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Quinnipiac University
 

Foundations of America

QU201 Prof. Scott Leone

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Quinnipiac University

Quinnipiac University

Quinnipiac University was founded in 1929 by Samuel W. Tator, a business professor, politician and the first president of the academy.  Samuel Tator’s wife, Irmagarde Tator, a Mount Holyoke College graduate, and Judge Philip Troup, a Yale College graduate and first bursar of the school, also had a major influence in the founding and fostering of this institution.

In response to Northeastern University’s closure of its New Haven program, Quinnipiac, which was known as Connecticut College of Commerce at the time, was created in New Haven, Connecticut.  Upon opening the school in 1929, only 200 students were admitted and only associate degrees could be achieved.  Connecticut College of Commerce graduated its first class with only a scarce amount of eight students. 

In 1935, the institution changed its name to Junior College of Commerce.  Unfortunately, in 1943 the college was closed down, as almost the entire student body was drafted into World War II.  The college was re-opened in 1945 and its admissions quadrupled to around 800 students.  In 1951, Junior College of Commerce was renamed to Quinnipiac College, honoring the Quinnipiac Indians that once inhabited the Greater New Haven area.  That same year, Quinnipiac was changed to a four year college and began to offer bachelor’s degrees.  In 1951, Quinnipiac College expanded both physically and academically, relocating their campus to a larger location in New Haven and assuming administrative control of Larson College, a private women’s college in the area.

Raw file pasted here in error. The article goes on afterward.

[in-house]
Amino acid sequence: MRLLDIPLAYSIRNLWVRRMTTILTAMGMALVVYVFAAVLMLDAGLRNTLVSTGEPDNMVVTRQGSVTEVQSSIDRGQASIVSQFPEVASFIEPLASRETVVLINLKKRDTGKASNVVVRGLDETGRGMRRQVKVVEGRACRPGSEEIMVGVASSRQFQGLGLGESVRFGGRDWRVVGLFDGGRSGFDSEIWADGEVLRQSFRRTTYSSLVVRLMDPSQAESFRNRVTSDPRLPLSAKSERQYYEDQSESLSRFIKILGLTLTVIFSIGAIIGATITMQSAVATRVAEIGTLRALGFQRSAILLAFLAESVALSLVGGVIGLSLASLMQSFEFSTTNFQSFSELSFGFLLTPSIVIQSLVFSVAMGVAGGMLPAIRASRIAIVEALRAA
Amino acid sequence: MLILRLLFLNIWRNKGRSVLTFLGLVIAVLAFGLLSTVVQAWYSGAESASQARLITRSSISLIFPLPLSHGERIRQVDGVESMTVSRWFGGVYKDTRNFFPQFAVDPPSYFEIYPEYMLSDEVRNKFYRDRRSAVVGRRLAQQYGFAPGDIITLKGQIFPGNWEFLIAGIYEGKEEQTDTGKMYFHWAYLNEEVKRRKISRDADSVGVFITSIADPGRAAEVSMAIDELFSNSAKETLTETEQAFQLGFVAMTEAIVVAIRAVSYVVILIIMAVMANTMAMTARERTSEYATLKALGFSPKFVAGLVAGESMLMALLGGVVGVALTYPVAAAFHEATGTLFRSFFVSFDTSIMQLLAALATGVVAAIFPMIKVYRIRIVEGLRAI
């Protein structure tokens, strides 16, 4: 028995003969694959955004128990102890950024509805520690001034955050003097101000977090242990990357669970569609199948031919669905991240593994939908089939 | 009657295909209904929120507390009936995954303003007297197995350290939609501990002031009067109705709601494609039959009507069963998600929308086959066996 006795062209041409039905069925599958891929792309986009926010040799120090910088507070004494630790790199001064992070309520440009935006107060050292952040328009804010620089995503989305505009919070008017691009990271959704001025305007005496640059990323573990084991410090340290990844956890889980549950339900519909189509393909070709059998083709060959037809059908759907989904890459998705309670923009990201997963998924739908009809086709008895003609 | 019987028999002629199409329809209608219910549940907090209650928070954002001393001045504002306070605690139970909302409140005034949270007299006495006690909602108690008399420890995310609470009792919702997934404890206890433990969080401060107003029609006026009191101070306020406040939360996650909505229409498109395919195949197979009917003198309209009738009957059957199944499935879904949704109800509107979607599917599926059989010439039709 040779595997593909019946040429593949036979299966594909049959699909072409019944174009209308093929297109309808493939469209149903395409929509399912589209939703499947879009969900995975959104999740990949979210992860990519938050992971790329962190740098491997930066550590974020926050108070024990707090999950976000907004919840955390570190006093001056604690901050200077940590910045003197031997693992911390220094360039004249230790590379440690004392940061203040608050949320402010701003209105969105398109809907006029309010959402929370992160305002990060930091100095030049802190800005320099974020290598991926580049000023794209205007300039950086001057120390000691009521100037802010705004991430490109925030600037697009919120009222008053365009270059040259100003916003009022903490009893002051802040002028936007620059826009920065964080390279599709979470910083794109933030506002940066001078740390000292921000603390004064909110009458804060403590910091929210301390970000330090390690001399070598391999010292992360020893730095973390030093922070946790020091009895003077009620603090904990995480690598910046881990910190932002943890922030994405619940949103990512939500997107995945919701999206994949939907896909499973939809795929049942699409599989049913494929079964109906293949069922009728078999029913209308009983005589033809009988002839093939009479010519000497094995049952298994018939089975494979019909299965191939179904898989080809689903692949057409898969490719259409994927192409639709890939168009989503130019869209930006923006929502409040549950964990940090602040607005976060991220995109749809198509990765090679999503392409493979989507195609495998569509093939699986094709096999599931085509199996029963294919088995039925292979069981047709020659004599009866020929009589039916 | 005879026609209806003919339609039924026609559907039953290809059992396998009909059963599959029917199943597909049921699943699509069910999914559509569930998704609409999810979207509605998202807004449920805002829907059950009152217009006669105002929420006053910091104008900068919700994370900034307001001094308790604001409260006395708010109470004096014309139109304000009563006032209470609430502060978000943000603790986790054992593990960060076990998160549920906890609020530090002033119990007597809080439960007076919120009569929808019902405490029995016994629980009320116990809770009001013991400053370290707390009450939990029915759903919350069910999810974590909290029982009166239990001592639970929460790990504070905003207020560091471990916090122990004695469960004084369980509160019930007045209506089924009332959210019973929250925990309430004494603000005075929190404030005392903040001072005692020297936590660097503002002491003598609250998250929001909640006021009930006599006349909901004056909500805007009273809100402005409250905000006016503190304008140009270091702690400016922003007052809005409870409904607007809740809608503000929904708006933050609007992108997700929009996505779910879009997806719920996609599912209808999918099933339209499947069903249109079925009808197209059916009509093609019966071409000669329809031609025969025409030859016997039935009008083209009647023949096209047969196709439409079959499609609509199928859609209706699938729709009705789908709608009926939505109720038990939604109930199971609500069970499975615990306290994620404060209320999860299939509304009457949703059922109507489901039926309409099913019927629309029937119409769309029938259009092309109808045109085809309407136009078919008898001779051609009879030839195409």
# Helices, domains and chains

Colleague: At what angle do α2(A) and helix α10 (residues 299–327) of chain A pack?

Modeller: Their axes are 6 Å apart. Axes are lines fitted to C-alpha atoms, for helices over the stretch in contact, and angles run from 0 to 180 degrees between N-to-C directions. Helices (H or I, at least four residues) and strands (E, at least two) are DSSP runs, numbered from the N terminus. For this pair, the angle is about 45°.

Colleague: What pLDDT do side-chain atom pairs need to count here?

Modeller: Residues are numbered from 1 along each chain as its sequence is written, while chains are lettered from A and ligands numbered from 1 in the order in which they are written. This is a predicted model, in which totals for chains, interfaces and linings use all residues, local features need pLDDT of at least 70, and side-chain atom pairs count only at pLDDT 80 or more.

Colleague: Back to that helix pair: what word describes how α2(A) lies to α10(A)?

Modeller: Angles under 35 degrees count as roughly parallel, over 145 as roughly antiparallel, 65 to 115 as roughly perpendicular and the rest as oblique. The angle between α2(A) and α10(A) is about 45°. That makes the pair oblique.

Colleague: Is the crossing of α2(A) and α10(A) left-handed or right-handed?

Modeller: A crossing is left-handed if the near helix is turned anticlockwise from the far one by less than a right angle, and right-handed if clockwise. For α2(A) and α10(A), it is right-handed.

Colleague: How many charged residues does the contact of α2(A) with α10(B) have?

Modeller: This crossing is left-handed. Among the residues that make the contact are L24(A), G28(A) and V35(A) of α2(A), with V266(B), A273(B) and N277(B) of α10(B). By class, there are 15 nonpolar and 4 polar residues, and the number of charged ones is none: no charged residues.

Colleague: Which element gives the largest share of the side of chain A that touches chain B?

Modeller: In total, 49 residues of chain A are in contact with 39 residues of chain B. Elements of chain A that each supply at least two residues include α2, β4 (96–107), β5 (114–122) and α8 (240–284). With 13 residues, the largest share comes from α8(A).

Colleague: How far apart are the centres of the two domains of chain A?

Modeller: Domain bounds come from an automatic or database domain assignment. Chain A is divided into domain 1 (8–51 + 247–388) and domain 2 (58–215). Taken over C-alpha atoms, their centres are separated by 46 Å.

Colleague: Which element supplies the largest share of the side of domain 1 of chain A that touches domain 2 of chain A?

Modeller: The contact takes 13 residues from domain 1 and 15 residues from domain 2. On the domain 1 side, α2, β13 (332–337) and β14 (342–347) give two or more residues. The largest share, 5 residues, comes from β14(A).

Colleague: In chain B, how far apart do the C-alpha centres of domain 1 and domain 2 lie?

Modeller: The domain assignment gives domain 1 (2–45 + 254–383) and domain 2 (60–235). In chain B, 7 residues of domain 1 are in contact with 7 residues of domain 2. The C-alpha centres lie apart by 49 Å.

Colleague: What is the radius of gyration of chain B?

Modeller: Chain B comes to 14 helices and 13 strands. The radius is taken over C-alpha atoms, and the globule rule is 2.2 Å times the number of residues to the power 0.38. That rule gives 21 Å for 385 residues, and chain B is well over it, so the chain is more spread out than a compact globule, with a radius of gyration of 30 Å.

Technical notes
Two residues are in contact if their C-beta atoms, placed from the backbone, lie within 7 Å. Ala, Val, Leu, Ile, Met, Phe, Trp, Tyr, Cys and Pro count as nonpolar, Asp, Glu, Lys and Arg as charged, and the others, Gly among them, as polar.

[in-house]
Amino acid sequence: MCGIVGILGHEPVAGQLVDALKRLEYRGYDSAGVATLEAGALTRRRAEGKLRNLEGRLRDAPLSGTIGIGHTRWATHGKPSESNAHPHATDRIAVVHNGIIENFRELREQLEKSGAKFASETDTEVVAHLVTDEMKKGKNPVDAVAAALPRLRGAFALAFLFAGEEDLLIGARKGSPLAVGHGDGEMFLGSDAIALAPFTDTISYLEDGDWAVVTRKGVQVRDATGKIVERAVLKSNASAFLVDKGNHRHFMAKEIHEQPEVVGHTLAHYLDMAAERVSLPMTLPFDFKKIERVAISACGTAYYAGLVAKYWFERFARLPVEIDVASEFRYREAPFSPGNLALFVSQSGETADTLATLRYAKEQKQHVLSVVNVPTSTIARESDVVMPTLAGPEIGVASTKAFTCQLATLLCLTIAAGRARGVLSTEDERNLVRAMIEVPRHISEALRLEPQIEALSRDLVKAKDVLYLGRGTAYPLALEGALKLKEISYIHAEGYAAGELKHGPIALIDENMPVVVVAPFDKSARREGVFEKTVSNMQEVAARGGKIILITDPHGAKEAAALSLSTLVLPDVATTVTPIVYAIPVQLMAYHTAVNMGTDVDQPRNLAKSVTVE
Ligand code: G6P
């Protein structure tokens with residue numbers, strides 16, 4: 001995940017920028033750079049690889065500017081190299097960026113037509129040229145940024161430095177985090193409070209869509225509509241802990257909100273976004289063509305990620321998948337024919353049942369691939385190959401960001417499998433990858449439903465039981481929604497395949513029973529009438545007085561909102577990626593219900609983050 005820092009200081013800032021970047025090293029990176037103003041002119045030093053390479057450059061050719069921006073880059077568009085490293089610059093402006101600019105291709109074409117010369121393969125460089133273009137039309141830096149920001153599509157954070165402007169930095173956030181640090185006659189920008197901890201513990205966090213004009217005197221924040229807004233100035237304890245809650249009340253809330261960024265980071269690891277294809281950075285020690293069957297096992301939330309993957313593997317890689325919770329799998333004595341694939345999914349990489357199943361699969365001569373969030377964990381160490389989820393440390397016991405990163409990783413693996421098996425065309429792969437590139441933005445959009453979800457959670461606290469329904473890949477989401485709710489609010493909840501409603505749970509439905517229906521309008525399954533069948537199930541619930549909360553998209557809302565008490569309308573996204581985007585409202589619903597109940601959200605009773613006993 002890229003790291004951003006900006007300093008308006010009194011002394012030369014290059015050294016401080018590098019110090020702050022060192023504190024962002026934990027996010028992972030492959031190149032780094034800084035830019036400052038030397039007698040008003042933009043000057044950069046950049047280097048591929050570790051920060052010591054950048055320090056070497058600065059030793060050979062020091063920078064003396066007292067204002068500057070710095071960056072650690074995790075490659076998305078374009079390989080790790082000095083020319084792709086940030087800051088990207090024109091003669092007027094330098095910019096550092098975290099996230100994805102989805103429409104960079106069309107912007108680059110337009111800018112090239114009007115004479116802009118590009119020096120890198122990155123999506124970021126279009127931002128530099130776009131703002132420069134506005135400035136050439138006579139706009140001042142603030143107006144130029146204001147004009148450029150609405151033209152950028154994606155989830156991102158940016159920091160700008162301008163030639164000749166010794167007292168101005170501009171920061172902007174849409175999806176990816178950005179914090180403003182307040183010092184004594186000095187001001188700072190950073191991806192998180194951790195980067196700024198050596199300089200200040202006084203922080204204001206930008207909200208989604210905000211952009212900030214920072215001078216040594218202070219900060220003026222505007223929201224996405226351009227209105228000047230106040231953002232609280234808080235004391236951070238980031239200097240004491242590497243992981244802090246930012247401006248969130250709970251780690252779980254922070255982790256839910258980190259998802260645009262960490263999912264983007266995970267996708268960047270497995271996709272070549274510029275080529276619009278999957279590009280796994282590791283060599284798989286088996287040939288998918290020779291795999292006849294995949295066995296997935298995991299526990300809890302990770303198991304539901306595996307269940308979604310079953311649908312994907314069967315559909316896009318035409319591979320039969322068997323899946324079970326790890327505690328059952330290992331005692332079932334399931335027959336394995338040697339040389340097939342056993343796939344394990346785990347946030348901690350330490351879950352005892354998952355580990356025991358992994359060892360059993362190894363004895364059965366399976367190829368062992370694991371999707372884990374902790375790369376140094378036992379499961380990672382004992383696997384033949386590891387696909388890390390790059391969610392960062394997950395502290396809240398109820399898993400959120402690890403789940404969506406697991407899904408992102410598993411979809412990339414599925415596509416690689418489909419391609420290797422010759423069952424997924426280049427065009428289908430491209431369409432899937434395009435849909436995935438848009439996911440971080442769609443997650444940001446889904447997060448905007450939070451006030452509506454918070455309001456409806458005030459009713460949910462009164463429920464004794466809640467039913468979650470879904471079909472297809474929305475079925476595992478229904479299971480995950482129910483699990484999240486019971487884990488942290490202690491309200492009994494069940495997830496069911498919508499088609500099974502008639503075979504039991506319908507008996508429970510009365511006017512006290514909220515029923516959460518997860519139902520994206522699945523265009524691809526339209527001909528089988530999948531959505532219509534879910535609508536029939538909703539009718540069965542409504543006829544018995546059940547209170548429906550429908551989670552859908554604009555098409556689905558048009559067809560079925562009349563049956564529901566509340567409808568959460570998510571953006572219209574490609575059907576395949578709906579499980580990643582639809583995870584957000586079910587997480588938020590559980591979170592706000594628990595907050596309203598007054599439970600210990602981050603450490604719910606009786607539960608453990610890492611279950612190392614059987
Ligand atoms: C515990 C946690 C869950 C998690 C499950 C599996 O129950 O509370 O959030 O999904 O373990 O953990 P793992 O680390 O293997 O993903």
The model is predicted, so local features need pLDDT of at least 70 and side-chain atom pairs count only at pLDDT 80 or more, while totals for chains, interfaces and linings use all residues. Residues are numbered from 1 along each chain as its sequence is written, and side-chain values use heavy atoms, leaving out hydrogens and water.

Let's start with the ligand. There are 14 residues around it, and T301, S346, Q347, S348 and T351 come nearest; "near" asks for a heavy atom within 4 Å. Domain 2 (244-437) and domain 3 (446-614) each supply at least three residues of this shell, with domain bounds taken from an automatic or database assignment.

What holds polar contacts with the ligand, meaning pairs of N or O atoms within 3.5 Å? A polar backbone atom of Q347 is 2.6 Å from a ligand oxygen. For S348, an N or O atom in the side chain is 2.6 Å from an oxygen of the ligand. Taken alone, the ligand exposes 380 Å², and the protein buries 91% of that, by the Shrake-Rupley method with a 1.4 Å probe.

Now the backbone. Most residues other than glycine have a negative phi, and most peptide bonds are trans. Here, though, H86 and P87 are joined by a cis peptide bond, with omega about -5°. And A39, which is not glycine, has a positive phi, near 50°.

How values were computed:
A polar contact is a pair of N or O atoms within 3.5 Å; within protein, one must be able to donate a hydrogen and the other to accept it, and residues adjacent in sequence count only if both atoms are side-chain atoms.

In 1966, construction of Quinnipiac’s current campus, located in Hamden, Connecticut, began.   The campus is situated in the Mount Carmel area, at the foot of the Sleeping Giant Mountain located in Sleeping Giant State Park.  And within the next few years, Quinnipiac College began to offer master’s degrees in a variety of different   majors.

Quinnipiac University Carl Hansen Student CenterUntil the 1990s, Quinnipiac continued primarily as a commuter college, receiving only regional accreditation and having only a regionally known reputation.  However, that all changed in 1995 when Reverend Sun Yung Moon, a Korean religious cult leader, purchased the University of Bridgeport for $50 million.  The University of Bridgeport Law School moved to Quinnipiac becoming the Quinnipiac School of Law.  The American Bar Association accredited Quinnipiac College to award the Juris Doctor degree.   Also during the mid 1990s, the Quinnipiac School of Law Center was donated and the Ed McMahon Communication Center and Lender School of Business buildings were built, which are state of the art facilities that attracted not only an array of students from across the country, but also nationally renowned professors.

In order to reflect and honor this relatively new expansion in academic excellence, the college officially changed its name to Quinnipiac University on July 1st, 2000 and received accreditation by the AACSB, Association to Advance Collegiate Schools of Business.